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Aldosterone blockade in cardiovascular disease
  1. Allan D Struthers
  1. Correspondence to:
    Professor Allan D Struthers
    Division of Medicine & Therapeutics, Ninewells Hospital & Medical School, Dundee, DD1 9SY, UK;

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It was once thought that aldosterone was a hormone released purely from the adrenal cortex, which circulated in the bloodstream and acted only on the kidneys to retain sodium and excrete potassium. This is now recognised to be a gross oversimplification (table 1).

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Table 1

 The new biology of aldosterone


The first novel finding discovered about aldosterone is that it is made locally in various different tissues in the body including the brain, vascular tissue, and the myocardium.1,2 In heart failure, myocardial tissue synthesises even more aldosterone. The second novel finding is that mineralocorticoid receptors which are activated by aldosterone are in fact also widespread in the body including the brain, vascular tissue, and the myocardium. This means that aldosterone may act in a paracrine fashion in many tissues—that is, locally made aldosterone may act on local aldosterone receptors to mediate local (mostly adverse) effects. This may be one of many reasons why baseline plasma aldosterone values appear to only poorly predict the efficacy of aldosterone blockade. Other reasons may also explain this (see below and table 2).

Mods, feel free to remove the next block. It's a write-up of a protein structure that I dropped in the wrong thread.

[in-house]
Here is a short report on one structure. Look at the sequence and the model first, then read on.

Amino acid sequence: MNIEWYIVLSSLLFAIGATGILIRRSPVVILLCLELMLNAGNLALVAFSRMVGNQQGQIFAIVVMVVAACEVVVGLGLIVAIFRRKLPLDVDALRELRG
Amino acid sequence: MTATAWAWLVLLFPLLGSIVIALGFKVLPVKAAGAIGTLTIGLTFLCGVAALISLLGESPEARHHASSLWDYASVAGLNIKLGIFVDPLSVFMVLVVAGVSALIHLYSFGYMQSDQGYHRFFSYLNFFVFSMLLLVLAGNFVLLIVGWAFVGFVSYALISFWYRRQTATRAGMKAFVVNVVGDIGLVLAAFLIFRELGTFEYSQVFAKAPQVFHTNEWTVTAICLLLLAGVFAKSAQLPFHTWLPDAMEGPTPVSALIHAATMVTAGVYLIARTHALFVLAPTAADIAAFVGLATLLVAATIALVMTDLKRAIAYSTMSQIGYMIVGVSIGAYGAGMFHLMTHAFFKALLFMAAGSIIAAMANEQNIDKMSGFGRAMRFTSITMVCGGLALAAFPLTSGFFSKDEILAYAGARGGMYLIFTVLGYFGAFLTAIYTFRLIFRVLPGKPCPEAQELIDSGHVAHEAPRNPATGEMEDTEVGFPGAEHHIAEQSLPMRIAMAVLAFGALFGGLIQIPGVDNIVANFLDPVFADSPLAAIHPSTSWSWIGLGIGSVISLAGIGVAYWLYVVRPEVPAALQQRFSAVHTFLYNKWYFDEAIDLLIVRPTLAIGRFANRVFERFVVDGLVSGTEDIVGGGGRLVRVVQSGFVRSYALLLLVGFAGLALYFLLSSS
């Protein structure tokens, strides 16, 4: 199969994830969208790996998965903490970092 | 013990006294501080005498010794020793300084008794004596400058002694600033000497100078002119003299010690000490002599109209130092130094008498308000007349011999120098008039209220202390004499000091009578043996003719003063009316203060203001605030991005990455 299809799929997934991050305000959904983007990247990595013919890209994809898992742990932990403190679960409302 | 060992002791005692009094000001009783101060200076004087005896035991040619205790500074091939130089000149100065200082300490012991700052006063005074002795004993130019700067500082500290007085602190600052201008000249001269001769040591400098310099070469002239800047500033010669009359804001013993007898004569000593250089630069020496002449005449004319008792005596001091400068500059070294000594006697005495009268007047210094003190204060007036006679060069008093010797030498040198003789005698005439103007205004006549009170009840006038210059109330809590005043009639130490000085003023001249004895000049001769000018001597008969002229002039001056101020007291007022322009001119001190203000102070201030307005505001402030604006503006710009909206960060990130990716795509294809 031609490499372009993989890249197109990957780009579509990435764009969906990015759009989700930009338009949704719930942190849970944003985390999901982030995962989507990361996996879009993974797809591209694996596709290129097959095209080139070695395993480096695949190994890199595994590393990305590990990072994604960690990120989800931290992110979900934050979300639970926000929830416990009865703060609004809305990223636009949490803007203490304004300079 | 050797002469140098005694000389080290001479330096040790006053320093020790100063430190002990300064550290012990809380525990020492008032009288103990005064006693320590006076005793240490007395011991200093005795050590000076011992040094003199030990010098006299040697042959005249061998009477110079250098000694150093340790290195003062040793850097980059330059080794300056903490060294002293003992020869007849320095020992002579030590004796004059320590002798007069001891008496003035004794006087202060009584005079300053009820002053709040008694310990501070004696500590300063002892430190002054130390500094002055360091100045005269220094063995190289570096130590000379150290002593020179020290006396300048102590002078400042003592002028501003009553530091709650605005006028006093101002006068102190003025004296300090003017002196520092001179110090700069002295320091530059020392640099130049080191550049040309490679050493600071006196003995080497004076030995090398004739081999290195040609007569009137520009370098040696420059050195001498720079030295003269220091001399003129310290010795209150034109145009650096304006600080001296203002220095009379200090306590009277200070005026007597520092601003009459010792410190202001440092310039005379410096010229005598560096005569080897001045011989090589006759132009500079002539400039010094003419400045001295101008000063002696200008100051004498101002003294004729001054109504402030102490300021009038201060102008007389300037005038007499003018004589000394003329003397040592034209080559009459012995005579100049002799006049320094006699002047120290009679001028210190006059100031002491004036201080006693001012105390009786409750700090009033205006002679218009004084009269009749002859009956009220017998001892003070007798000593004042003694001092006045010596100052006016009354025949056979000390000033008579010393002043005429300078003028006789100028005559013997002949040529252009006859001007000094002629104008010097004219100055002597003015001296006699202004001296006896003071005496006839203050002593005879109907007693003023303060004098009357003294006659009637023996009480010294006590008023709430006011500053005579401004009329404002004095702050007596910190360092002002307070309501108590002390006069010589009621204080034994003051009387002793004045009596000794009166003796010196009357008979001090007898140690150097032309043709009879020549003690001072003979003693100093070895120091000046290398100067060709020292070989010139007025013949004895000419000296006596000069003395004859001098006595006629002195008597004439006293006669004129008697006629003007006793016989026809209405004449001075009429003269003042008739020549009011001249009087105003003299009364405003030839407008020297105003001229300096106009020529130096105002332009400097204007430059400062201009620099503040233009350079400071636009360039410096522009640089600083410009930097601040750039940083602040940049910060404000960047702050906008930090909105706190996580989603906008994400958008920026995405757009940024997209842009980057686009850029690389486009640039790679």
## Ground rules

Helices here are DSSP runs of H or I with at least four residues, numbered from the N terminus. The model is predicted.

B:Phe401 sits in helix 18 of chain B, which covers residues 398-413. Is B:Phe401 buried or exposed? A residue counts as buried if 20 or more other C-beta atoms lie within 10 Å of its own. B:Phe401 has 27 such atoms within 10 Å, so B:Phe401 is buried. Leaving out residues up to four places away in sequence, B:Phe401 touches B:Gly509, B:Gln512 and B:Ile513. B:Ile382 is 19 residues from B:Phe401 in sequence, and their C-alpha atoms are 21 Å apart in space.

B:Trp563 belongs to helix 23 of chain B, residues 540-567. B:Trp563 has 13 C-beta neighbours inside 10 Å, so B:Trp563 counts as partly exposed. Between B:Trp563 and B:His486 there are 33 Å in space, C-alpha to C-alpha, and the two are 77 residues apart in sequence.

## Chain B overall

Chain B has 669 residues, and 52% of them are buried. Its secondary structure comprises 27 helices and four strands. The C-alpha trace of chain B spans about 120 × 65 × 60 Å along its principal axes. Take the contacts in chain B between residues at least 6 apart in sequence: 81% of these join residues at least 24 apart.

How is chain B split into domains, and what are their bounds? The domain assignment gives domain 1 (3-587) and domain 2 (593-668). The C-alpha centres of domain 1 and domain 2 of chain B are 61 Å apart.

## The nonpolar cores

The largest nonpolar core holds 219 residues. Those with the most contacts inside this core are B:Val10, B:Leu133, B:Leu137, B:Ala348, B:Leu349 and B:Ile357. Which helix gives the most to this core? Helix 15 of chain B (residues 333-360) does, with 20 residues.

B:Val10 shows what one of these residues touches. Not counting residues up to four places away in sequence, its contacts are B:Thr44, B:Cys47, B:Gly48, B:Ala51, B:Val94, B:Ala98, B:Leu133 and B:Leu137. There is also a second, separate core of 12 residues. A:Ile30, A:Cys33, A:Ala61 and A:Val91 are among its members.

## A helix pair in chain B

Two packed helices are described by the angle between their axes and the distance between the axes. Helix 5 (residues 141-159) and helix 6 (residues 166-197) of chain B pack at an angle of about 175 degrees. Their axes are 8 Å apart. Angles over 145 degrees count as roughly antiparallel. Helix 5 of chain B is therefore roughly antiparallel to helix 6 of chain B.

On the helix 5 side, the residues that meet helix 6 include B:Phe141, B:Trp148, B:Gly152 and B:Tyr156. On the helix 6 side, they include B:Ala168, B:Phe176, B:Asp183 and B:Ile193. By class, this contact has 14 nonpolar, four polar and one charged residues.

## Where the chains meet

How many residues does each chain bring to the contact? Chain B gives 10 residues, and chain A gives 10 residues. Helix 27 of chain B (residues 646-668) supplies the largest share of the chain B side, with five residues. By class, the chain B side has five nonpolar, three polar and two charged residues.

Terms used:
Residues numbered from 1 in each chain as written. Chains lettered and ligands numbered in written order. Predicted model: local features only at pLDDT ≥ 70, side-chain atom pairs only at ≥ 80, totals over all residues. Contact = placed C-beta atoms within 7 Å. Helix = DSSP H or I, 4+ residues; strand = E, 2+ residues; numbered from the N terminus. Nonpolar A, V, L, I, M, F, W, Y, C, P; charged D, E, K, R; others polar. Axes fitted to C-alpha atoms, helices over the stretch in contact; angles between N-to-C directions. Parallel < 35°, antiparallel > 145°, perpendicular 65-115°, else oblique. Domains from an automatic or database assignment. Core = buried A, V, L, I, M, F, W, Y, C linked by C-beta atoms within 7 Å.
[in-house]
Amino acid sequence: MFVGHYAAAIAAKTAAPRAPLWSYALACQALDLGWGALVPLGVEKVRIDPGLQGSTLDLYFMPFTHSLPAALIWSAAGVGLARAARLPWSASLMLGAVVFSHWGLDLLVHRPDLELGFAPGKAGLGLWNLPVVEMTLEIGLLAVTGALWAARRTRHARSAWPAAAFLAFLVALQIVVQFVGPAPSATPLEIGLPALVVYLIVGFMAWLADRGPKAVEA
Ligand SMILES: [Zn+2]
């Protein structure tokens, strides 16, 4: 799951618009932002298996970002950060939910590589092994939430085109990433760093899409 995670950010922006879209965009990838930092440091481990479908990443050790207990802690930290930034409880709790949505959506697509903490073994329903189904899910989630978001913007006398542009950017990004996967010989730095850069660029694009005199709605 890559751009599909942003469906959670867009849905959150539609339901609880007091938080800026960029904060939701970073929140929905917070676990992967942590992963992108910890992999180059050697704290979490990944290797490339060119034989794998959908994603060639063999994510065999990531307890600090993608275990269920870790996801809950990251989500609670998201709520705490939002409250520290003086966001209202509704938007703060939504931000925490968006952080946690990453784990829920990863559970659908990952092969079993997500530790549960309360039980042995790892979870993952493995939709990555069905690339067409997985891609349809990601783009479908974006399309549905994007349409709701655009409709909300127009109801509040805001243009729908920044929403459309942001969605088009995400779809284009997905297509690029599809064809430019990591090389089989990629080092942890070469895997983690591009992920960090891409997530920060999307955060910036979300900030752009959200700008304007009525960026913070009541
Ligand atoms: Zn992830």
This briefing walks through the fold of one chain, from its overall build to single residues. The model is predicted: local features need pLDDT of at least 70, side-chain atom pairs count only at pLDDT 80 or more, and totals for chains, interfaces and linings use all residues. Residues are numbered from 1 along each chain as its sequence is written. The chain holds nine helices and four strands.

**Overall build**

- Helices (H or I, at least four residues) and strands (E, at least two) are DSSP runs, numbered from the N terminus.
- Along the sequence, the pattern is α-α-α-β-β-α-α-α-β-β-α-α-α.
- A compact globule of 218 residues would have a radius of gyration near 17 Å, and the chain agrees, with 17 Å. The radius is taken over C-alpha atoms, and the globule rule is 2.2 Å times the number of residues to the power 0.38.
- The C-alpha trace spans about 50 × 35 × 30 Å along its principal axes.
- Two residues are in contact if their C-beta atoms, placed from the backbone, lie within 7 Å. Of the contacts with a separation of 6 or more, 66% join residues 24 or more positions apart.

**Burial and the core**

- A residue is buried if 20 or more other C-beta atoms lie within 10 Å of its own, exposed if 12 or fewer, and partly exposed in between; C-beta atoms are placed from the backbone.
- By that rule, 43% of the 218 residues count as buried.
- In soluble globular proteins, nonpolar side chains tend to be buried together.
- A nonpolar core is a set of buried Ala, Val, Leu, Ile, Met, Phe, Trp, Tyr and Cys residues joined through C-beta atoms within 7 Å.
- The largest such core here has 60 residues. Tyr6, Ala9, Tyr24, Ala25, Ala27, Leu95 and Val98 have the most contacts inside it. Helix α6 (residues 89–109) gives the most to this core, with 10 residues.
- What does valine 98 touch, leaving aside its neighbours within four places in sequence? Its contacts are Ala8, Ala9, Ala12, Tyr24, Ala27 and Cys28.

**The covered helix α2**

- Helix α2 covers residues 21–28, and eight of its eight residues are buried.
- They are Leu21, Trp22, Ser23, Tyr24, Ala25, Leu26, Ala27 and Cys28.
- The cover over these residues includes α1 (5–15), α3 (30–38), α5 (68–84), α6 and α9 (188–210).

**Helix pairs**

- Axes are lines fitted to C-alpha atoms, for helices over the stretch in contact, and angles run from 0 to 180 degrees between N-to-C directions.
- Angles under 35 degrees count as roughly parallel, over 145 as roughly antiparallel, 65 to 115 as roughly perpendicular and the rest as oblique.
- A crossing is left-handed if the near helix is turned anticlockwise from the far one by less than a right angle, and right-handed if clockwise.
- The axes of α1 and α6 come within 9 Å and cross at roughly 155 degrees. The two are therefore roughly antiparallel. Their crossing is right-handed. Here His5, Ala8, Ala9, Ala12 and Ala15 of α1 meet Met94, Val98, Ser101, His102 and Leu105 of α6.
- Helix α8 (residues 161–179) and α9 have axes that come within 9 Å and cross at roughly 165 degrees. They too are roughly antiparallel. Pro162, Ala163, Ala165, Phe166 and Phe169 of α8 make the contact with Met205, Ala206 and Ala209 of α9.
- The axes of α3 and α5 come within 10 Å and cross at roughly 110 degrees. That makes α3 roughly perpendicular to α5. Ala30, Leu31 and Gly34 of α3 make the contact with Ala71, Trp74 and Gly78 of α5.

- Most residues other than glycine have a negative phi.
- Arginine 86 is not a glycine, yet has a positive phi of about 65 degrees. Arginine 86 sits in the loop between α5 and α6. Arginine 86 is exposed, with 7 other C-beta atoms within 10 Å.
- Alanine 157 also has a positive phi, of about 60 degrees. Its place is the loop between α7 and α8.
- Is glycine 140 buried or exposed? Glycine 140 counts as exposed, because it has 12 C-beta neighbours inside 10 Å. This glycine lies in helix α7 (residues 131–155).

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Table 2

 Reasons why baseline plasma aldosterone concentrations may not predict the response to aldosterone blockade

However, the main revolution in our new understanding of aldosterone is that it has now been shown to mediate a host of different adverse biological effects in the body, which have only been recognised in the last 10 years. These effects range from vascular endothelial dysfunction to inflammation to widespread tissue injury and repair. These were often first seen in animal models and then found also in man.

In vitro studies showed first that aldosterone reduced nitric oxide produced in response in inflammatory stimuli. In experimental animals in vivo, aldosterone was then found to produce a vascular inflammatory response which is characterised not only by increased expression of …

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